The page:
Hitting the stores in Trinidad and Tobago is a joy for anyone who likes to
shop, and you’ll also want to make it a point to check out the country’s various
local markets. Cruise ship passengers will find duty-free shops at both the
Port of Spain and
ports, so perusing the goods before getting back on the ship is always a possibility.
When shopping in Trinidad
and Tobago, you can hit
a mall in one of the bigger cities, see what the country’s various museums have
on hand, or even check out the wares that any number of street vendors are selling.
The opportunities to part with some currency in Trinidad and Tobago are numerous,
so you’ll want to keep an eye out for things that interest you during your visit.
Getting familiar with the currency in Trinidad and Tobago is the first thing that you will need to do before you start shopping. The TT Dollar, which is also aptly known as the Trinidad and Tobago, is the currency in Trinidad and Tobago. The exchange rates fluctuate throughout the year when it comes to the TT Dollar, so it’s a good idea to check them before you go and after you arrive. Newspapers and banks are good places to check the exchange rates at the time of your visit, which is always a good idea. For those who don’t like to carry cash, credit cards and traveler’s checks are widely accepted in Trinidad and Tobago. The number of ATMs is on the rise here should you want to extract some cash on the side. Once you have some money to work with, you will be ready to see what the markets and stores in Trinidad and Tobago have to offer. As one might expect, Port of Spain is the best place to find stores in Trinidad and Tobago, though you certainly aren’t limited to the country’s capital when it comes to finding unique shops. When shopping in Port of Spain, you can hit a few arcade malls on Frederick, Henry, and Charlotte streets, or you can consider heading to the Brian Lara Promenade to see what local craftsmen are hawking. Leather goods like belts and sandals can be bought from these craftsmen, and you’ll also want to pay special attention to the wood carvings.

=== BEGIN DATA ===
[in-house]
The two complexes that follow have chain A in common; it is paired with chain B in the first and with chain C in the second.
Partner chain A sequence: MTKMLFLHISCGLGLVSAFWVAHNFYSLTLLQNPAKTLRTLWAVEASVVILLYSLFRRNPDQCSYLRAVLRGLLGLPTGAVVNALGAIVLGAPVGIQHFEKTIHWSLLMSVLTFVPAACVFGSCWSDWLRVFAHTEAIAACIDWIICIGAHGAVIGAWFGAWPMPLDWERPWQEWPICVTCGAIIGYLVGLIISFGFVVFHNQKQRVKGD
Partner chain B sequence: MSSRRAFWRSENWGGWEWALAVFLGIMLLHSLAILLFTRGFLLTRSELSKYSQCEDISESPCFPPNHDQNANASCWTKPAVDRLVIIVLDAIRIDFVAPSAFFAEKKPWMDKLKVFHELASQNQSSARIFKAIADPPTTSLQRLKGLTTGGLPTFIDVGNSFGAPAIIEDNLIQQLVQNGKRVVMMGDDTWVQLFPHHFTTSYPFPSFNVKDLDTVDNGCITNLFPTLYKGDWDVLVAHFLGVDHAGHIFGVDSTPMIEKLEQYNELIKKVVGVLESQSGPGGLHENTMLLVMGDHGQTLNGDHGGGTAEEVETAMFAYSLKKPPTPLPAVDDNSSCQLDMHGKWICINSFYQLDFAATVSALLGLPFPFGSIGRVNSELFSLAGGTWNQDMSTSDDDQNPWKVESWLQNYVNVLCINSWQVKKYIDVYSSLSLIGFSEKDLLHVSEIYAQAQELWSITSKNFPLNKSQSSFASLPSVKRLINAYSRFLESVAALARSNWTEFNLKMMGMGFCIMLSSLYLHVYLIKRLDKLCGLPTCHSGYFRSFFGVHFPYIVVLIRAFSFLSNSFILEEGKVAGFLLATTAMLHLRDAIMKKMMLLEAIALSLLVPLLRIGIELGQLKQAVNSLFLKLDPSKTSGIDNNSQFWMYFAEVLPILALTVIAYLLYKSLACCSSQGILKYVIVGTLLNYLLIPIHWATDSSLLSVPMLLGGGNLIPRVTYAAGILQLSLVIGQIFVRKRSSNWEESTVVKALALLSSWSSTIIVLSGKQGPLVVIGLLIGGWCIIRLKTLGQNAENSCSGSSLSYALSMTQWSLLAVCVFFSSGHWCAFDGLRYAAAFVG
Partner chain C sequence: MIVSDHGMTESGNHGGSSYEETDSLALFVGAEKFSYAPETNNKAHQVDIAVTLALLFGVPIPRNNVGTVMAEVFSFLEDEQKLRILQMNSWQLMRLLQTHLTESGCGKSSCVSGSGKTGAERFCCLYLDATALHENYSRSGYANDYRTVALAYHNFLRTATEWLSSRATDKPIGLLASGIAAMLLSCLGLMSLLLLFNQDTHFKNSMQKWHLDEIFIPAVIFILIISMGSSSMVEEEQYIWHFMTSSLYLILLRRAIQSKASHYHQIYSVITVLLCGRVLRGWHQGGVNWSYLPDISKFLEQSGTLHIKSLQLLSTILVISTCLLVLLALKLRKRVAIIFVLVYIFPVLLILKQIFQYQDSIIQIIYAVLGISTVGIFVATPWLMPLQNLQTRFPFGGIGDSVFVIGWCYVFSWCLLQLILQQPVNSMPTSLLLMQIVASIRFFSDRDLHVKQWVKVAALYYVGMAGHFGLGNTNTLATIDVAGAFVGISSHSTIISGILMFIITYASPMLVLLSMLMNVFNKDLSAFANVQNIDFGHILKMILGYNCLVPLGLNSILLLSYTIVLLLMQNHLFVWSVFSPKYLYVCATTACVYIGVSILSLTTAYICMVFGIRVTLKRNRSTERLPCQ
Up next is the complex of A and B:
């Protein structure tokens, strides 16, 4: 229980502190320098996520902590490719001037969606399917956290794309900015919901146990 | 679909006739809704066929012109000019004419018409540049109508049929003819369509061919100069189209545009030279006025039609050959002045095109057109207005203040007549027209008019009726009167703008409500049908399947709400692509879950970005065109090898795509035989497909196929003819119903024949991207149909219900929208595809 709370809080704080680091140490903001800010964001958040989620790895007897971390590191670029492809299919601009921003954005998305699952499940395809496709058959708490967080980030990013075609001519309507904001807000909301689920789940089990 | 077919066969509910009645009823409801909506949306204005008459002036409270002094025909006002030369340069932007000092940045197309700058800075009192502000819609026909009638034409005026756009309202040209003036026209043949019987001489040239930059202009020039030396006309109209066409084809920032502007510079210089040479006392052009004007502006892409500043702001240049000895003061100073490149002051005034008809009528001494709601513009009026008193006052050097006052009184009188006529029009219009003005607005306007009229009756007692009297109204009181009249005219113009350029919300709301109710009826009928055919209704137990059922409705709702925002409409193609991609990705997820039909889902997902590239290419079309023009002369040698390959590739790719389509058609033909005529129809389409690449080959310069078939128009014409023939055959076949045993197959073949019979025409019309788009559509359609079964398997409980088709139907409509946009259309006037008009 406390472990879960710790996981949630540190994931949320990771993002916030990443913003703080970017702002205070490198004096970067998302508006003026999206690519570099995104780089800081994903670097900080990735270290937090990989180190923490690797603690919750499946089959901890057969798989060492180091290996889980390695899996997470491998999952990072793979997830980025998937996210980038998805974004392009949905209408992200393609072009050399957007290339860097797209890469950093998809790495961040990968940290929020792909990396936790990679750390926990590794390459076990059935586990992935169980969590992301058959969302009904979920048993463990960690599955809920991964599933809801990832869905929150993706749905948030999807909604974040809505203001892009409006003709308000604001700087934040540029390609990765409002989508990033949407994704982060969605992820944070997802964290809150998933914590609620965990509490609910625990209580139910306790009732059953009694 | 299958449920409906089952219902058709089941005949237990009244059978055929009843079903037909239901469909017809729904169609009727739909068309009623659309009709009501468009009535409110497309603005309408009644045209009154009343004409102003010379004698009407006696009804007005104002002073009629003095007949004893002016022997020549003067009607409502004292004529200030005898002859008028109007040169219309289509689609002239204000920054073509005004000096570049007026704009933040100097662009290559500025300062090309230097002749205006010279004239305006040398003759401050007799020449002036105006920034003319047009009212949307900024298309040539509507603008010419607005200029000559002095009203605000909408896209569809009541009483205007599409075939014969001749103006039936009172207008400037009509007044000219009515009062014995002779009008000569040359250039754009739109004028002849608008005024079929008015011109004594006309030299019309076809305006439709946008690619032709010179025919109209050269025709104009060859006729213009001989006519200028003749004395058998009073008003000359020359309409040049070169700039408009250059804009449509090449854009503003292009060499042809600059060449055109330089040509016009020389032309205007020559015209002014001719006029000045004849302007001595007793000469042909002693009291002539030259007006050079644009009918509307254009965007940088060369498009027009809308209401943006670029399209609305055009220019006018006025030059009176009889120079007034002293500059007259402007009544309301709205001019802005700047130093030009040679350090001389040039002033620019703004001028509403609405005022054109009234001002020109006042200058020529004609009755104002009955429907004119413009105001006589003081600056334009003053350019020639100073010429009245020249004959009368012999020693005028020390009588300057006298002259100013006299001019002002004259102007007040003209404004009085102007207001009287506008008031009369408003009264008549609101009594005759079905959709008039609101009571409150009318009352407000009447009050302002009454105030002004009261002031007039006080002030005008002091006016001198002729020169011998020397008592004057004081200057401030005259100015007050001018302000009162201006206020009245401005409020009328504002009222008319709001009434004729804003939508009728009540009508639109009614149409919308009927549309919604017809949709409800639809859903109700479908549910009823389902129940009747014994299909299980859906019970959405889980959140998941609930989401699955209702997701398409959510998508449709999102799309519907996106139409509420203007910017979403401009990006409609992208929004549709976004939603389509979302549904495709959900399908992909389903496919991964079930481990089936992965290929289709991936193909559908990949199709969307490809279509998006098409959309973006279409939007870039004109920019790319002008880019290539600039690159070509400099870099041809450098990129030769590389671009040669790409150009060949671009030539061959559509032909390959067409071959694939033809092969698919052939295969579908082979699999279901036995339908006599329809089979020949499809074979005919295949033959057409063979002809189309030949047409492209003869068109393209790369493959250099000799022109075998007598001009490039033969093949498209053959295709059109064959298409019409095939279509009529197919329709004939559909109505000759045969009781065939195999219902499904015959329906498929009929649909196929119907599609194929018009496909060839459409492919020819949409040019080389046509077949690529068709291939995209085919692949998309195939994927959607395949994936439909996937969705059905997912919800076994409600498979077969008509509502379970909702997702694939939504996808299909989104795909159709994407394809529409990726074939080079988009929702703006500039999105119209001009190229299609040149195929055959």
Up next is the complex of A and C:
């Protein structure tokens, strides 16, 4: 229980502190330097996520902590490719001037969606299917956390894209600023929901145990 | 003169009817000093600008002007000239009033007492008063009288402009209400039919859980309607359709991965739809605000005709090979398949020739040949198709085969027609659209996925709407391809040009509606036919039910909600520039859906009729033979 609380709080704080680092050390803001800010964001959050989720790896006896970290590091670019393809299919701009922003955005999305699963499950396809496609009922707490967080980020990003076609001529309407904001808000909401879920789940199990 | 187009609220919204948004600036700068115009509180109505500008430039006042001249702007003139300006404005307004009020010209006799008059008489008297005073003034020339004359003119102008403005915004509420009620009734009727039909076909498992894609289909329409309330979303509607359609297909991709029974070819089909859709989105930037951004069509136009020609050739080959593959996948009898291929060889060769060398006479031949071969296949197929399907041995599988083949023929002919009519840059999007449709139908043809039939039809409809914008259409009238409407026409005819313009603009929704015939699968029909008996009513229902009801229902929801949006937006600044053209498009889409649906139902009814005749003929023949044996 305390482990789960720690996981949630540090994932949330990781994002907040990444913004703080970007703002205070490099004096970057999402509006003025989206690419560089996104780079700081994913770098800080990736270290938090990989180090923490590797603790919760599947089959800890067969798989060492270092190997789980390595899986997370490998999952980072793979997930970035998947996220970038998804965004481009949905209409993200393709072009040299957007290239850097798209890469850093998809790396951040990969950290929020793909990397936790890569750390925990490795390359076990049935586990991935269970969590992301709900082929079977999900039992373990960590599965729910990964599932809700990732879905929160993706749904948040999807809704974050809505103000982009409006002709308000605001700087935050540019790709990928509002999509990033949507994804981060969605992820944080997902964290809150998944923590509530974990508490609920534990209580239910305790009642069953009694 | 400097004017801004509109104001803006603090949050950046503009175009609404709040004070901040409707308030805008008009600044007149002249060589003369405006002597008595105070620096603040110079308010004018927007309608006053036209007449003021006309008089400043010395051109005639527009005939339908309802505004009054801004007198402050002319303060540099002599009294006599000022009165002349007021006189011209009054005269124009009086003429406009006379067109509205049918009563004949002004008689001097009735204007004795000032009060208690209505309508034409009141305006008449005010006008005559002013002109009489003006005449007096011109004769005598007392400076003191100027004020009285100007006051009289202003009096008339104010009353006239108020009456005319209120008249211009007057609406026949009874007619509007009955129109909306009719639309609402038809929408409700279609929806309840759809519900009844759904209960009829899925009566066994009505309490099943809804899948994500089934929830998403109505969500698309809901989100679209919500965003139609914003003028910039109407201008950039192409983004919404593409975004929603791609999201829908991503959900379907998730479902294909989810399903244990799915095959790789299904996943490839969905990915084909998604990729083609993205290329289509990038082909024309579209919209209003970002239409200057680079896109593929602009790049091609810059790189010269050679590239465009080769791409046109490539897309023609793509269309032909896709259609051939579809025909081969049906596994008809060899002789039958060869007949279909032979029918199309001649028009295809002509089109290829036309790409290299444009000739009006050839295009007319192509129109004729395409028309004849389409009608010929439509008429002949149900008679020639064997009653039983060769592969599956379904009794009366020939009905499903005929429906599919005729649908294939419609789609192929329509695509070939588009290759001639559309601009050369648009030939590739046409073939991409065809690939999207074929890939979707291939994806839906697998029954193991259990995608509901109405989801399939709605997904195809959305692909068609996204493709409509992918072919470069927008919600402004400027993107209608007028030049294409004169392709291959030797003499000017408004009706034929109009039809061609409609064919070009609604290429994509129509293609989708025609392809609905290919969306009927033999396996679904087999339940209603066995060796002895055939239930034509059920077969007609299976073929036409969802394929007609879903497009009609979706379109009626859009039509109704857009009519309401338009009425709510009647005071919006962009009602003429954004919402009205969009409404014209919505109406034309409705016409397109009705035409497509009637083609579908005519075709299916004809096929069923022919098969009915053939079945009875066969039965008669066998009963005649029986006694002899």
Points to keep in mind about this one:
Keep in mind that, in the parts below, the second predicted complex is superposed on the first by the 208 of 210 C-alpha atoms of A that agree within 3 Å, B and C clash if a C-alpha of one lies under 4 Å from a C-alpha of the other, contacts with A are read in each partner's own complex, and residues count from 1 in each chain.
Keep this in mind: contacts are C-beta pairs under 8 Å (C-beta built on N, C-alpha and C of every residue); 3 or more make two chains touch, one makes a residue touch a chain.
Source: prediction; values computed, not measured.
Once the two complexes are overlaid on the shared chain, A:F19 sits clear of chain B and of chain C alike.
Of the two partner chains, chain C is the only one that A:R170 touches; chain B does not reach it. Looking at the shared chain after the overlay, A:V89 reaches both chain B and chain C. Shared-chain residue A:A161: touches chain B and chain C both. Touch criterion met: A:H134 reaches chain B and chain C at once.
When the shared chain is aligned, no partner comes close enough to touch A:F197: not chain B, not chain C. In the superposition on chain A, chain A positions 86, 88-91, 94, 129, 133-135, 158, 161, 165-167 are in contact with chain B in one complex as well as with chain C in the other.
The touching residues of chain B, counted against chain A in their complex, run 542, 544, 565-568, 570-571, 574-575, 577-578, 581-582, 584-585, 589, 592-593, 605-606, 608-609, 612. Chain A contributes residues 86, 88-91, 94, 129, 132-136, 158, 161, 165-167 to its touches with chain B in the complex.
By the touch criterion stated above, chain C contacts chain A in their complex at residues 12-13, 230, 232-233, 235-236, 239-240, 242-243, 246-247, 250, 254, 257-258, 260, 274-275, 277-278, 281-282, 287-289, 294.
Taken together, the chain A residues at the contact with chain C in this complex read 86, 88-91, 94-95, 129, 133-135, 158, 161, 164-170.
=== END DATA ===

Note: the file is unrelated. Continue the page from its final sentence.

Trinidad shopping isn’t limited to Port of Spain, however. High Street in San Fernando is akin to Charlotte Street in Port of Spain, and the Main Road in Chaguanas is not to be missed by shopping enthusiasts. You probably won’t feel like you are engaging in Trinidad shopping when hitting the stores in Chaguanas, as this city is home to a number of people of East Indian descent. The city’s Main Road seems like it was lifted out of India and moved to Chaguanas, so it’s a different shopping experience than you will find elsewhere. Among the featured goods at the Indian stores in Chaguanas are pottery and Indian clothing. Back in Port of Spain, many shops also specialize in foreign goods. It’s not uncommon to find deals on things like French perfume, Scandinavian crystal, and English china when shopping in Port of Spain, and you can also hit a few Asian bazaars, where the brass items are alluring.
While Trinidad shopping is more diverse than the shopping in Tobago, you can still have a good time spending some money on the country’s smaller island. The Tobago capital of Scarborough offers some shops, though its local market is the main shopping attraction. Open Monday through Saturday, the Scarborough market not only offers handicrafts and textiles, but also produce and seafood should you be looking to prepare your own meal. The actual stores in Scarborough are fairly limited when it comes to merchandise, so it’s not as ideal for shoppers as Port of Spain is. In fact, shopping in Tobago is limited in general, and suffice it to say that it’s not the best place to find stores in Trinidad and Tobago. That doesn’t mean that there aren’t some interesting things to buy when shopping in Tobago. Among the more unique products available here are the batik wall hangings and clothing items that can be found in Bacolet. Melted wax is the main medium for creating these Indonesian-inspired textiles, and if nothing else, you can learn about the dyeing techniques that are employed by the local batik artists.
Hot sauces, guava jelly, and tamarind chutney are among the condiments that food lovers will want to consider picking up when hitting the markets or stores in Trinidad and Tobago. In Arima, the goods at the Carib Centre are to be perused by those who are intrigued by the country’s rich and diverse culture. Much like the dining scene in Trinidad and Tobago, the country’s shopping scene exhibits influences from the country’s different cultures, so it’s difficult to know exactly what you might happen upon when shopping here. That’s what makes Trinidad and Tobago shopping so fun!